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China hands rare death sentence to ex-banker who took US$151 million in bribes

China hands rare death sentence to ex-banker who took US$151 million in bribes
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China hands rare death sentence to former senior banker for taking US$151 million in bribes

A court in eastern China delivered a rare death sentence on Tuesday, after finding that a former senior banker accepted bribes worth more than 1.1 billion yuan (US$151 million) in his role with one of the country’s top four state asset managers.

Bai Tianhui, former general manager of China Huarong International Holdings (CHIH), took advantage of his position to aid others in the acquisitions and financing of projects in exchange for the huge sums, the court found.

A report on the Secondary Intermediate People’s Court of Tianjin’s ruling by state broadcaster CCTV, did not say how Bai pleaded nor if he would be appealing the sentence.

While numerous officials have been caught up in China’s sweeping anti-corruption campaign since President Xi Jinping took power more than a decade ago, death sentences that are not suspended remain a rarity in corruption cases.

CHIH is an offshore unit of China Huarong Asset Management (CHAM). It was taken over by the Citic Group and renamed China Citic Financial Asset Management in January.

Bai is the second China Huarong official to receive a death sentence for corruption. In January 2021, the same court sentenced Lai Xiaomin, former chairman of CHAM – and Bai’s former boss – to a similar fate.

Lai, who was executed a month after his sentencing, was found guilty of taking 1.79 billion yuan (US$247 million) in bribes, embezzlement of public assets worth more than 25.13 million yuan (US$3.46 million), and bigamy.

Lai was the first official to receive the ultimate penalty for corruption since Xu Maiyong and Jiang Renjie – former mayors of the eastern cities of Hangzhou, in Zhejiang province, and Suzhou in Jiangsu, respectively, who were put to death in 2011.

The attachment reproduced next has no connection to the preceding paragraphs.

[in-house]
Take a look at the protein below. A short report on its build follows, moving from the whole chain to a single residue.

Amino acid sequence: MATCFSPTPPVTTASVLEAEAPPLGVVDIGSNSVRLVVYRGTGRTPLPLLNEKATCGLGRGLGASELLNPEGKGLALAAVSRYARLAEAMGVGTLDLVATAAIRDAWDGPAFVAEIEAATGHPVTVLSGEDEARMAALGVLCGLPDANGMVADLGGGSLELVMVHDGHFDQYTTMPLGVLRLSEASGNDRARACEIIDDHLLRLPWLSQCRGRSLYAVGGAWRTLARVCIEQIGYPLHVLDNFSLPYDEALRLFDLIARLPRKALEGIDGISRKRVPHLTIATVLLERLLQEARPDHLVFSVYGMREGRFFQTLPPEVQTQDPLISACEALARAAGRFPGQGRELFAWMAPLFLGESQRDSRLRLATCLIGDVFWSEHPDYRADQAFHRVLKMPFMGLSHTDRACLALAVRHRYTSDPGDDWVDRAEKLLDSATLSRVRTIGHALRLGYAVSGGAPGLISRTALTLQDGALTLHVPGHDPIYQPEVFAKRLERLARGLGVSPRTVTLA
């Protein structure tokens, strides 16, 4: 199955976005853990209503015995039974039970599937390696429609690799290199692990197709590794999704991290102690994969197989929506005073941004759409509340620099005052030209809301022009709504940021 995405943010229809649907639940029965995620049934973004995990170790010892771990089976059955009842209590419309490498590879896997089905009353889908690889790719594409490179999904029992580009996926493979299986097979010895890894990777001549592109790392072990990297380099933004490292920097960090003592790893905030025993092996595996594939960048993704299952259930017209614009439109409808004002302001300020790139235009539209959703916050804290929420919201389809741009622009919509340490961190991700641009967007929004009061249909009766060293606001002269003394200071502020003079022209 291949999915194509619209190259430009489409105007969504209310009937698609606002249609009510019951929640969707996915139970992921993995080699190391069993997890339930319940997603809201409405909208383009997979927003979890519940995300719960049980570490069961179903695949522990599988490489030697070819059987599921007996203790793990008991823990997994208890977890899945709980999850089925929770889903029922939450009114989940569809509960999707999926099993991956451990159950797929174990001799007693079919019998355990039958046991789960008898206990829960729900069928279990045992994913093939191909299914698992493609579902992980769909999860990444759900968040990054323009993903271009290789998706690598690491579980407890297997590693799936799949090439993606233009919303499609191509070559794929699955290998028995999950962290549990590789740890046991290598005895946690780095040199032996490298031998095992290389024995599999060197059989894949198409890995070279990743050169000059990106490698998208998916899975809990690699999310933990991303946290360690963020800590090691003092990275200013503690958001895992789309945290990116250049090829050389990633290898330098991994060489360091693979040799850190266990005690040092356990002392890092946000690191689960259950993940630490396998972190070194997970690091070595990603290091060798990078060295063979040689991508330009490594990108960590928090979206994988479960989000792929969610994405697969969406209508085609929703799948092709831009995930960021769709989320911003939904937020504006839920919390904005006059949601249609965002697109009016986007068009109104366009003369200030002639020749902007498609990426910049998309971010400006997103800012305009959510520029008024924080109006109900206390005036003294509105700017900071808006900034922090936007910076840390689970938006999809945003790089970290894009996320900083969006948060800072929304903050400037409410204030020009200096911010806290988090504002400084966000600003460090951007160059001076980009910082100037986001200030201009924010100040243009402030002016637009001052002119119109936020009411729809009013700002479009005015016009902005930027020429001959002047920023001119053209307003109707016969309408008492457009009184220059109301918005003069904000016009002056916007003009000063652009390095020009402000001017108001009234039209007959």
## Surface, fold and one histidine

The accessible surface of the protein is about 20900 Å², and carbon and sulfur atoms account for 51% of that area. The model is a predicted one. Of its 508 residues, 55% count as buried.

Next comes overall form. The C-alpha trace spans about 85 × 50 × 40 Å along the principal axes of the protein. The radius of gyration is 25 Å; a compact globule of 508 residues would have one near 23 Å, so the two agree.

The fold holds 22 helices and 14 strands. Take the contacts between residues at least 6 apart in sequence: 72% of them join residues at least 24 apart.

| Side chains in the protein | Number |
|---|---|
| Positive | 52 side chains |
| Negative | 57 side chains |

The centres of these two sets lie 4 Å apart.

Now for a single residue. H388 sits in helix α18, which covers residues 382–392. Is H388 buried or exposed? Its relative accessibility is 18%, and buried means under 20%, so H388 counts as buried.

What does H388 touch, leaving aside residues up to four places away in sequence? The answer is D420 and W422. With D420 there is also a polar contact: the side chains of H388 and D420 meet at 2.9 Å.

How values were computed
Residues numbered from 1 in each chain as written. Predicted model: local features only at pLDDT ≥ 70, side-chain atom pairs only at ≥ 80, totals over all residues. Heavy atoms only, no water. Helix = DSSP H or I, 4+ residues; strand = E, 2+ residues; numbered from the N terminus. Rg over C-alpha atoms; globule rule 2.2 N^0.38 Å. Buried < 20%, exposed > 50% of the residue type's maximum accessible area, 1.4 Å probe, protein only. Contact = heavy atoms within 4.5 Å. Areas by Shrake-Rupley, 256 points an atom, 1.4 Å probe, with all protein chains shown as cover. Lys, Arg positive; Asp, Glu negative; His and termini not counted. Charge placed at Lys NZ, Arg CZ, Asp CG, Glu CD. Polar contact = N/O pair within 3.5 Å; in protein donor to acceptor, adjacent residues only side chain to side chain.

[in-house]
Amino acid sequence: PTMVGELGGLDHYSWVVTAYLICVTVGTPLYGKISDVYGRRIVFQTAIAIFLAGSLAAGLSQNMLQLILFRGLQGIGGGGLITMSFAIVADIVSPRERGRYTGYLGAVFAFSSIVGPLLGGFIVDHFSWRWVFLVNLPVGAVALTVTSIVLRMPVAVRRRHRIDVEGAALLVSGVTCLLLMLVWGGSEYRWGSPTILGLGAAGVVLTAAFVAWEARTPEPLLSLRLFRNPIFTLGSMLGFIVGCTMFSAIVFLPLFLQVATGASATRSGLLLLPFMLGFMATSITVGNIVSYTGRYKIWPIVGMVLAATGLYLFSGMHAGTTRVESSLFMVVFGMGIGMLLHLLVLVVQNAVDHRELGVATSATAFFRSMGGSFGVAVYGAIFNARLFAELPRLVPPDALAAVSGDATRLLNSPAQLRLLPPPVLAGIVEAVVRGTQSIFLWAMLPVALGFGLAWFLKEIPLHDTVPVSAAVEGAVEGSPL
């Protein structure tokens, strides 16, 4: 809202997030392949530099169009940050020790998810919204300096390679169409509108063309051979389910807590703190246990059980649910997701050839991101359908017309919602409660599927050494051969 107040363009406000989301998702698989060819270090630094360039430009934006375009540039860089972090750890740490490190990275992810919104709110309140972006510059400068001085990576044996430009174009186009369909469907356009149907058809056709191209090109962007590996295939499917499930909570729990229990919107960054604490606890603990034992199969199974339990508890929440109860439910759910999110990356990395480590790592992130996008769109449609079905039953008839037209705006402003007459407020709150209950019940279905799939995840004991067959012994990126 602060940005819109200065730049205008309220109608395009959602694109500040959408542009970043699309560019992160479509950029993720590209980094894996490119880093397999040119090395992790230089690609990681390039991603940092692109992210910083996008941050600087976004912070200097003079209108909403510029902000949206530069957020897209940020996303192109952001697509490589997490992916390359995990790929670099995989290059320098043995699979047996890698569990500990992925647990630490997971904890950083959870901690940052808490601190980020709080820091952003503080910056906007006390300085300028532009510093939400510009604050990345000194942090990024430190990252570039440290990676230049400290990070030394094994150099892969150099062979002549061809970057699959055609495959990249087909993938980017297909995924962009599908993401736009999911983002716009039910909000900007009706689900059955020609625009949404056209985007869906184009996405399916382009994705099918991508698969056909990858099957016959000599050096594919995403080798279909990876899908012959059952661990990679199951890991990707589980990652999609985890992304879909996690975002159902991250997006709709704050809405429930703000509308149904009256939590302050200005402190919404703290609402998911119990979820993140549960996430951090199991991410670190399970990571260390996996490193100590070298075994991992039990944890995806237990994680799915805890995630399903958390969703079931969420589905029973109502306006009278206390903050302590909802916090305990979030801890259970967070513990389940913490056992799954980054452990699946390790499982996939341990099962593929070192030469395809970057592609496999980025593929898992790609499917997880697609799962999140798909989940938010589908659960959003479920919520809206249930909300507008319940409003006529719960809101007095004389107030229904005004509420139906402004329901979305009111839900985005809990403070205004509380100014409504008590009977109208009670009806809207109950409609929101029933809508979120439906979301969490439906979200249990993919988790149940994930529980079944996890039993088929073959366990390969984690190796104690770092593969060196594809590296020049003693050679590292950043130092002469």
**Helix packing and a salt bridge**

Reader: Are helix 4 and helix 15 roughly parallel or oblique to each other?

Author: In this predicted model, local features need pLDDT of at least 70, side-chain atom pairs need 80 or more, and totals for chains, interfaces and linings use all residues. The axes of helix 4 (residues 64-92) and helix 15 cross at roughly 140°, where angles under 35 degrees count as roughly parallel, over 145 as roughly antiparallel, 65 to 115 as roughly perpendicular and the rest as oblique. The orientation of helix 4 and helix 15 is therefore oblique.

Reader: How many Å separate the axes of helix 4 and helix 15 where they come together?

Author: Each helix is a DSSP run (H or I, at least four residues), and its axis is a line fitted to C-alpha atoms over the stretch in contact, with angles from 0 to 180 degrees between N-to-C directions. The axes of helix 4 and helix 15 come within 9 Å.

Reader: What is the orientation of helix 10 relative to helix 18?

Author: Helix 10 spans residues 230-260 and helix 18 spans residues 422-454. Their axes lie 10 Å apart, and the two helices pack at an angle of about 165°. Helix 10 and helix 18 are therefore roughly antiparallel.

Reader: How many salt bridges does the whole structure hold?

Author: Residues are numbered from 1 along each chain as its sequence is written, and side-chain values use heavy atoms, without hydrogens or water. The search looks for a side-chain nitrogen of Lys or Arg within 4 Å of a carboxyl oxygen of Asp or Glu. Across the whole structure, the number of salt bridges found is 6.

According to the CCTV report, Tuesday’s court ruling also permanently stripped Bai of his political rights and ordered that all his personal property be confiscated.

The court acknowledged that Bai had volunteered information leading to other arrests and convictions. However, the bribes he had taken were “particularly huge” and the impacts of his crimes on society “particularly pernicious, causing … serious losses to the interests of the state and the people”.

Evidence presented against former China Huarong chairman Lai Xiaomin, who was executed in 2021, included bundles of cash found in his home. Photo: Xinhua

“Taking all these [factors] into account, [the court] ruled that [Bai] does not deserve a lighter sentence. Hence the death penalty verdict,” the ruling said.

Four other senior Huarong executives, including former chairman of Huarong Real Estate Wang Pinghua, and Qin Ling, who was chairman of Huarong Investment, are awaiting trial.

Guo Jintong, former deputy general manager of Huarong International Holdings, and Zhao Zichun, who held the same position at Huarong Guiyang Real Estate, are also expected to appear in court on charges of corruption.

A Beijing-based criminal lawyer, who declined to be named, said that he expects Bai to appeal on grounds of precedent, citing cases where defendants were given lesser sentences for similar offences.

Zhang Zhongsheng, former deputy mayor of Luliang in central China’s Shanxi province, was sentenced to death in March 2018 for accepting 1.17 billion yuan (US$161 million) in bribes – later suspended for two years and commuted to life imprisonment after an appeal in October 2021.

China’s top corruption watchdog, the Central Commission for Discipline Inspection (CCDI), launched a sweeping crackdown on the finance sector this year, in response to Xi’s call to make the country a “financial superpower” and contain risks.

According to a tally by the South China Morning Post, the CCDI has detained more than 30 Chinese state regulators, bankers and senior financial executives since January, in response to Xi’s order to focus its efforts on the sector.

In a speech to the CCDI’s third plenary session in January, Xi warned about “prominent problems” such as “repeated financial disorders and corruption, and weak financial supervision and governance capacity”.

There should be “absolutely no mercy” in rooting out the “severe and complex” problem of corruption and fraud, Xi said.

Also in January, Xi laid out a road map for China to become a financial superpower with a focus on the real economy, while highlighting more urgent tasks in its efforts to defuse financial risks.

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